Fight the good fight in war on crime, says Gadhia

By AdvocateDaily Staff

Ontario’s criminal lawyers must keep fighting “the good fight” in the face of the Harper government’s tough on crime initiatives, says Roots Gadhia.

The Toronto-based sole practitioner says Ottawa’s stance has affected the practice of criminal law considerably.

“The government has basically thrown money behind every war on crime initiative that they could come up with, from guns and gangs to mandatory minimums to taking away the two-for-one formula for enhanced credit for those individuals serving time in custody,” says Gadhia. “Of course with this type of money being thrown into these initiatives – especially police and guns and gangs, and the prosecution – what’s happening is that a lot of individuals are being snared by a very wide net that’s being cast out.

“So, in situations where one or two individuals might have been arrested in the past we’re now hearing about a hundred people being arrested. And of course that’s going to clog up the courts, of course that’s going to cause delay in getting matters to court,” she says.

Gadhia says the “pendulum has swung to the right,” and it’s not just the Harper government. She noted the Supreme Court of Canada’s recent decision in Sinclair v (case citing) where “an individual’s 10B rights were violated in my respectful opinion, yet the Charter was watered down by the Supreme Court [which] said it’s not necessary for an individual to speak to their lawyer continuously throughout an interview unless there is a very material change of circumstance. Yet, who makes that decision? And shouldn’t an accused person be entitled to say, ‘Look, I need to speak to my lawyer. You’ve just told me something else about the case, I’d like to speak to my lawyer.’ That right, according to the Supreme Court of Canada no longer exists, or is watered down to a significant extent.”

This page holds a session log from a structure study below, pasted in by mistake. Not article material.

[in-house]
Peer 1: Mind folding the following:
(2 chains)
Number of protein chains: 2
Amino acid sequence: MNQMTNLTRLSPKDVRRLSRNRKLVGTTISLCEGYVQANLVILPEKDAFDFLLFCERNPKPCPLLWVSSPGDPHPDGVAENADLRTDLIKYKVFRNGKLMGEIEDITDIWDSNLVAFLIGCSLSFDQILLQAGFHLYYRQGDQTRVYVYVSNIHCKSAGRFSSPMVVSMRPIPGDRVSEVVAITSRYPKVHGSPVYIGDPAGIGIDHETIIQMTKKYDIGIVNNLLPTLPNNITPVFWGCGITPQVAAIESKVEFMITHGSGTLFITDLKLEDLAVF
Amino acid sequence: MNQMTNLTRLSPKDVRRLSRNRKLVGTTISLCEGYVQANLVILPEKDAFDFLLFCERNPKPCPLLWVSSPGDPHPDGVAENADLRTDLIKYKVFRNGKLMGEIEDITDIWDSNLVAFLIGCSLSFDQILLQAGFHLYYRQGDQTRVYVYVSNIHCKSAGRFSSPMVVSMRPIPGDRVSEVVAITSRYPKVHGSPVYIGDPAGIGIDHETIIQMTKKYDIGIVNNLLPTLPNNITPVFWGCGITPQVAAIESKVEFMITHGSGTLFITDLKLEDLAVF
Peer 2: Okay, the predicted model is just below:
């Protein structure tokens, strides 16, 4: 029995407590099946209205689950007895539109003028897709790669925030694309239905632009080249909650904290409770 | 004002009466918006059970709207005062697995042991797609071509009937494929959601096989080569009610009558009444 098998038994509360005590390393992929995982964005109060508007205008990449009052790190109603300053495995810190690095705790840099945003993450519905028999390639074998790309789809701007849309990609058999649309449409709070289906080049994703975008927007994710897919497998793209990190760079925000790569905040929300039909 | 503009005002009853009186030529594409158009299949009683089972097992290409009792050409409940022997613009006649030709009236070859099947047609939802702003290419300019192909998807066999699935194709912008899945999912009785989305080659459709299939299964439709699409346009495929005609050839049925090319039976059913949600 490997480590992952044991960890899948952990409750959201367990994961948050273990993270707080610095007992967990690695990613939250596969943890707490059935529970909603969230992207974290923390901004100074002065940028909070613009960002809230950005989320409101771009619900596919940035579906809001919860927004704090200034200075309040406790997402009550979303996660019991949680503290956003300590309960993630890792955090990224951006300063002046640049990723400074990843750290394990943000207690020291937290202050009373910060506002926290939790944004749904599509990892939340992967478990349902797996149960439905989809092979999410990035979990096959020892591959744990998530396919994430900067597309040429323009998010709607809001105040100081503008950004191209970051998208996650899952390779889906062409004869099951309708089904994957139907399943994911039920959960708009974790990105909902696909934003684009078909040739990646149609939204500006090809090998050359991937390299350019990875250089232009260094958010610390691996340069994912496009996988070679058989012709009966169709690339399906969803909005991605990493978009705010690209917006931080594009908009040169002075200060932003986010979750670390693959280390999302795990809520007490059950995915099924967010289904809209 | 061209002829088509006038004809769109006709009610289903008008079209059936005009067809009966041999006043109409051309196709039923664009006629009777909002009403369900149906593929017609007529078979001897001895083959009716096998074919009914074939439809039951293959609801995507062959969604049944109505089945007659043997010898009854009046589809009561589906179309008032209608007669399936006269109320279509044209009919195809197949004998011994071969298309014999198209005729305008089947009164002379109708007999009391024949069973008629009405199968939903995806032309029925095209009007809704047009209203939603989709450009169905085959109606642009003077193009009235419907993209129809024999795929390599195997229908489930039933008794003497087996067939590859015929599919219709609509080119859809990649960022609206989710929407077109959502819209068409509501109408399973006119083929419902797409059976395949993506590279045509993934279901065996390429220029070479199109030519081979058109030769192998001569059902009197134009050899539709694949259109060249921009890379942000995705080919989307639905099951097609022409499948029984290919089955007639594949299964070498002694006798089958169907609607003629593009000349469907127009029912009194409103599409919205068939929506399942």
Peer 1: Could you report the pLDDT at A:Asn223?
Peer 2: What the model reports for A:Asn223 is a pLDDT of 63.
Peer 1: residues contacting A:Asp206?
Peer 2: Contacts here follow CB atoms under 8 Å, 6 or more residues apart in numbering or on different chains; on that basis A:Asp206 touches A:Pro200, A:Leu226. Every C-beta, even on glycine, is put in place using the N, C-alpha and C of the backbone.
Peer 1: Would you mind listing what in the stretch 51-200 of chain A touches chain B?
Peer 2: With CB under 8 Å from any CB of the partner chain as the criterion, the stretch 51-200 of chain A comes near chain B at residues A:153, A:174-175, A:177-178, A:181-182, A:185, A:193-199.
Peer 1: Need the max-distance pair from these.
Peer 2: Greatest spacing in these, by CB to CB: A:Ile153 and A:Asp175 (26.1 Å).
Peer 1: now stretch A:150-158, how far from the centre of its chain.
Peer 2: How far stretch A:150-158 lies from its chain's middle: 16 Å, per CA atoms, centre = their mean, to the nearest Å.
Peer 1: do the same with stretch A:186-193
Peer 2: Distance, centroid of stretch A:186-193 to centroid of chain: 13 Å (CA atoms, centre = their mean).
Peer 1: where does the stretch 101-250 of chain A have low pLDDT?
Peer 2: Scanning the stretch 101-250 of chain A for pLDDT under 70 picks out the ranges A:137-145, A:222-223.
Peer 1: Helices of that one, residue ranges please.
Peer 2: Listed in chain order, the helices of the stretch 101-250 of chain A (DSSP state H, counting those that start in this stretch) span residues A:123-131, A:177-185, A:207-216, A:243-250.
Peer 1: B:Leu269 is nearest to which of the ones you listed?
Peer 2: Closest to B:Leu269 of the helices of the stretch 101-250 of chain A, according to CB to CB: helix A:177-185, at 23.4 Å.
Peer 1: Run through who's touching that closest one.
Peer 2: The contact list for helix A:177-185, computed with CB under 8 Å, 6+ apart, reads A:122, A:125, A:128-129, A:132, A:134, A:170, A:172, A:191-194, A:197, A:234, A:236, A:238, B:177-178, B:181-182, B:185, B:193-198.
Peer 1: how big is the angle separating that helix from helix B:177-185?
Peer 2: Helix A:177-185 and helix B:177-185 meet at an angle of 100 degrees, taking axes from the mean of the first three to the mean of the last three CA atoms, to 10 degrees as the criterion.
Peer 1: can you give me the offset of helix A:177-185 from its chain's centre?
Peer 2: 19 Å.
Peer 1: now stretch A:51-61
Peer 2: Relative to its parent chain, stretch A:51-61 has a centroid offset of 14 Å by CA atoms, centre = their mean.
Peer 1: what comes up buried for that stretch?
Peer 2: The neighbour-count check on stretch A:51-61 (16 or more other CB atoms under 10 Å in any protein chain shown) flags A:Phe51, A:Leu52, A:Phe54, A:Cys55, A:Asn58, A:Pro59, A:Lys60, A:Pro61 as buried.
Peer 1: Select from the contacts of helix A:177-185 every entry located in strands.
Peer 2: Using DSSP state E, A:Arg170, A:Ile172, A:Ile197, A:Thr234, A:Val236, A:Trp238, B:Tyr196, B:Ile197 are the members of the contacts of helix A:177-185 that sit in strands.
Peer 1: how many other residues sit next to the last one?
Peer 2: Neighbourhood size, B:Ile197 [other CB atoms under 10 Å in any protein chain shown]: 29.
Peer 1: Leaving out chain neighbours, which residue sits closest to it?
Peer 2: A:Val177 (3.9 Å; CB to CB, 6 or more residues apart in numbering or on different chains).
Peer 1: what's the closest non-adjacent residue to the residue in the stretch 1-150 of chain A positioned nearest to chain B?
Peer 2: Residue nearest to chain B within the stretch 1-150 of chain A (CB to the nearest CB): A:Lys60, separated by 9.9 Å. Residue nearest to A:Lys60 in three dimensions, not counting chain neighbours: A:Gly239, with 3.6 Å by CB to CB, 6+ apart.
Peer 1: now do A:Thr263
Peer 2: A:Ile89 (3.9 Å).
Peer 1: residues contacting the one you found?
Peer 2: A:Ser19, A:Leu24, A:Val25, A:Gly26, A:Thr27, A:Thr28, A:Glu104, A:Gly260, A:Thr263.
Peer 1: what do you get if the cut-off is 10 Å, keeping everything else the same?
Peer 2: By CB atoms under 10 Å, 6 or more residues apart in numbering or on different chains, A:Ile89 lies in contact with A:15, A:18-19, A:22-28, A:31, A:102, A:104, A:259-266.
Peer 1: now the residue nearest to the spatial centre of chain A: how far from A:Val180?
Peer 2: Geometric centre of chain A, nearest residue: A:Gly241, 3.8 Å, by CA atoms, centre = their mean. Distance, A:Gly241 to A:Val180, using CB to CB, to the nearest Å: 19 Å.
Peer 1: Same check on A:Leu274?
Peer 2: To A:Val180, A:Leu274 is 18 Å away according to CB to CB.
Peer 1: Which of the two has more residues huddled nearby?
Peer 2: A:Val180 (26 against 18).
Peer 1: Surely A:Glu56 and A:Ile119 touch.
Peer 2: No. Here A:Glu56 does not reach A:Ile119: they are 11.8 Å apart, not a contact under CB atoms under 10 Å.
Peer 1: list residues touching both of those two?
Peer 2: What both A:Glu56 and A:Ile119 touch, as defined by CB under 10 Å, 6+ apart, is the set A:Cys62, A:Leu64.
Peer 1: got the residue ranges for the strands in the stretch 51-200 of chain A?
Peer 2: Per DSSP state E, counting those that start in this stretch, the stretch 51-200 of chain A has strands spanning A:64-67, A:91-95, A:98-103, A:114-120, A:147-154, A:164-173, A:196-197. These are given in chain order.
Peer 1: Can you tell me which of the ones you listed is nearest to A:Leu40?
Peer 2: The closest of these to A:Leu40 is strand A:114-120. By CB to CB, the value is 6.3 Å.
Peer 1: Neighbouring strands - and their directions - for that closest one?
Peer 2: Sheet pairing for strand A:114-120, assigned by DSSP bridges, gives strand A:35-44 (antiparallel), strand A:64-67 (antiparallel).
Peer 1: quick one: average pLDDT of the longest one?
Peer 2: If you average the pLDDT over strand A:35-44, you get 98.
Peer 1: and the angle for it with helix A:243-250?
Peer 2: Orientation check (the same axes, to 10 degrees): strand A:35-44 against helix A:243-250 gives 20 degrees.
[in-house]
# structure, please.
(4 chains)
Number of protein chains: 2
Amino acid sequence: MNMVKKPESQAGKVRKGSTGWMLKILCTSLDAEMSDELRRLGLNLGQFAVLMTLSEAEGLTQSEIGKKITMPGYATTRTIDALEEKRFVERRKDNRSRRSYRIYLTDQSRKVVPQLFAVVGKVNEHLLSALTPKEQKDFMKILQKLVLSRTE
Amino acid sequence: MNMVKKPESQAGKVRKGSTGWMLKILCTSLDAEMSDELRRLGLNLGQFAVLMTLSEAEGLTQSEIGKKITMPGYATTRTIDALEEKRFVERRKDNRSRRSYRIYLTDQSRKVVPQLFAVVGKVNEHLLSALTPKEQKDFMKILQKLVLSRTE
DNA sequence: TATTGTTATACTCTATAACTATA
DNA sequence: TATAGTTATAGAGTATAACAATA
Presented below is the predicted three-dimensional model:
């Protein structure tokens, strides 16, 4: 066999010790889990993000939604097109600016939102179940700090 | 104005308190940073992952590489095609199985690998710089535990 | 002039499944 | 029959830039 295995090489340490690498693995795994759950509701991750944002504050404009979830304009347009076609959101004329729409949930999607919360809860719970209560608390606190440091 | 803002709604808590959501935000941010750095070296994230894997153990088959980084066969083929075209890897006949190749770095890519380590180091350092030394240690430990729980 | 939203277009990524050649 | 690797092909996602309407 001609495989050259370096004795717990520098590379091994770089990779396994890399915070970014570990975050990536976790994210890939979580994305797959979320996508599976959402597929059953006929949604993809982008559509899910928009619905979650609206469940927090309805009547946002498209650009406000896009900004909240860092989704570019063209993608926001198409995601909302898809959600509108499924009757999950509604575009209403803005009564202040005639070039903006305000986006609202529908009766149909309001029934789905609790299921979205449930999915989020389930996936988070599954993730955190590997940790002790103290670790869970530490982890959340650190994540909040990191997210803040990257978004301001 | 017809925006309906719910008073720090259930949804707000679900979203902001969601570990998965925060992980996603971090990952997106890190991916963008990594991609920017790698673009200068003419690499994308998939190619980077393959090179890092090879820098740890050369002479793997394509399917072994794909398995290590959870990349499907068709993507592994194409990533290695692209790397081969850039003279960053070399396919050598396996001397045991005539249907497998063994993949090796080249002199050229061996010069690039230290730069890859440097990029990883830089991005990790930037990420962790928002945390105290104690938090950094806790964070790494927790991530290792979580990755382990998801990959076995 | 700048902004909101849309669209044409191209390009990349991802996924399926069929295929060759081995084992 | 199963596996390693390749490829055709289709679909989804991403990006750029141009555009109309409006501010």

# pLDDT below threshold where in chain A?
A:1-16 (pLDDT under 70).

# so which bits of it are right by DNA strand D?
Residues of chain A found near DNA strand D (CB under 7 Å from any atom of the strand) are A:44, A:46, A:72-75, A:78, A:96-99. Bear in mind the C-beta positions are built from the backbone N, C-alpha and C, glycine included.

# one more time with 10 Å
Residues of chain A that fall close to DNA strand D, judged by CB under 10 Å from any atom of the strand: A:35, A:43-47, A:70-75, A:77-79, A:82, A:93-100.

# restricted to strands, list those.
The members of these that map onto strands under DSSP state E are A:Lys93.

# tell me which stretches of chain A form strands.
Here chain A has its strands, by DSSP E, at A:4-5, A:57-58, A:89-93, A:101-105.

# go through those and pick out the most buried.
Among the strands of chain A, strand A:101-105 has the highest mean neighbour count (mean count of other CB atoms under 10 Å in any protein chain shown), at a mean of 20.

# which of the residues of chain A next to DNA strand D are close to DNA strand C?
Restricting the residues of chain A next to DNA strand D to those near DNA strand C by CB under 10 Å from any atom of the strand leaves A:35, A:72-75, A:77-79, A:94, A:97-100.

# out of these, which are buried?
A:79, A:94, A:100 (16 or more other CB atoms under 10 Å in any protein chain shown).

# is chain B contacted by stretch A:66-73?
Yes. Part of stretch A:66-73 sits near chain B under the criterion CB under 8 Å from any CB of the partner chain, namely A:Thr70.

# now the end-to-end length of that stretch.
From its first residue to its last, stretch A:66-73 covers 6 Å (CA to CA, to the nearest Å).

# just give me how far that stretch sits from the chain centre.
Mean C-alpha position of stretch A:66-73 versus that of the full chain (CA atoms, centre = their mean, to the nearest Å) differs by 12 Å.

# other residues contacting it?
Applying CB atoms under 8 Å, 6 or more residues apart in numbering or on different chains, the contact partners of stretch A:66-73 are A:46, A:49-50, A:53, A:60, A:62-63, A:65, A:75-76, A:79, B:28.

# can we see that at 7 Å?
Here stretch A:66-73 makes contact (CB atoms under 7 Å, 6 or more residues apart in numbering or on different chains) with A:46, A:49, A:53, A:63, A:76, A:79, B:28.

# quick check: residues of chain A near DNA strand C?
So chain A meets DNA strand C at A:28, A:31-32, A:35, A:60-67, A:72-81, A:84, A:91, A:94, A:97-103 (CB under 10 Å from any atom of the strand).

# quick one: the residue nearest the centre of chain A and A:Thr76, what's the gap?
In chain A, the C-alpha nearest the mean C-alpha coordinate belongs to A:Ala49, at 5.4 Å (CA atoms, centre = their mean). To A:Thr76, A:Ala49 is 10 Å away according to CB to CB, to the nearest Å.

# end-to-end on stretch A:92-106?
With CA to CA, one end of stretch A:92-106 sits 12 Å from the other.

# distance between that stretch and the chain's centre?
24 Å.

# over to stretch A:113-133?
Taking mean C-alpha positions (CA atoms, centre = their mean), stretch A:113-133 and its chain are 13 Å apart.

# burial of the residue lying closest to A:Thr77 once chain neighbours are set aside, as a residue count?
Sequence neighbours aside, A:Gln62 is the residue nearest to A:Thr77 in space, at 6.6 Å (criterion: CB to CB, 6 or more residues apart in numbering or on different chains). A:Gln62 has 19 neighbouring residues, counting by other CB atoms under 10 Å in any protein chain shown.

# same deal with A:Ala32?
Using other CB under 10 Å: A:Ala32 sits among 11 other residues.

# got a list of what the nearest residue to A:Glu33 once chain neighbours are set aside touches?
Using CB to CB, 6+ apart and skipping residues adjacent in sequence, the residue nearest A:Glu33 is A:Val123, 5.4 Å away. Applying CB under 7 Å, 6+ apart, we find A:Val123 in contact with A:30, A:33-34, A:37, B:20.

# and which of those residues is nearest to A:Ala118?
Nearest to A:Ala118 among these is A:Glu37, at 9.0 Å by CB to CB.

The Criminal Lawyers’ Association fall conference, in fact, spoke directly to the tough on crime issue and how new defences are required for the new laws, says Gadhia. But, she says at the end of the day, the criminal lawyers can “only fight the fight.

“We just need to plod on and struggle on in the hopes that each case generates a new precedent that will eventually swing the pendulum from the right back towards hopefully the centre, and when it comes to individual rights and Charter rights in this country hopefully to the left.”

Gadhia notes that “these are rights that have been enshrined and we worked hard to create a democracy in this country by having these rights. These rights in fact are the model for countries around the world that follow Canada and its legal system, and by watering it down, by taking away these rights and defusing what they really mean we’re heading into a police state.”

Gadhia says the CLA seminars focused on dealing with some of the new laws with unique and creative defences so that clients have “a fair shot in court. That’s not to say we came up with the answers but I think the purpose behind the conference was to ensure that each lawyer who attended understood the necessity of actually fighting the good fight, being passionate about the defences and not naturally assuming this was the only answer to a client’s problem.”

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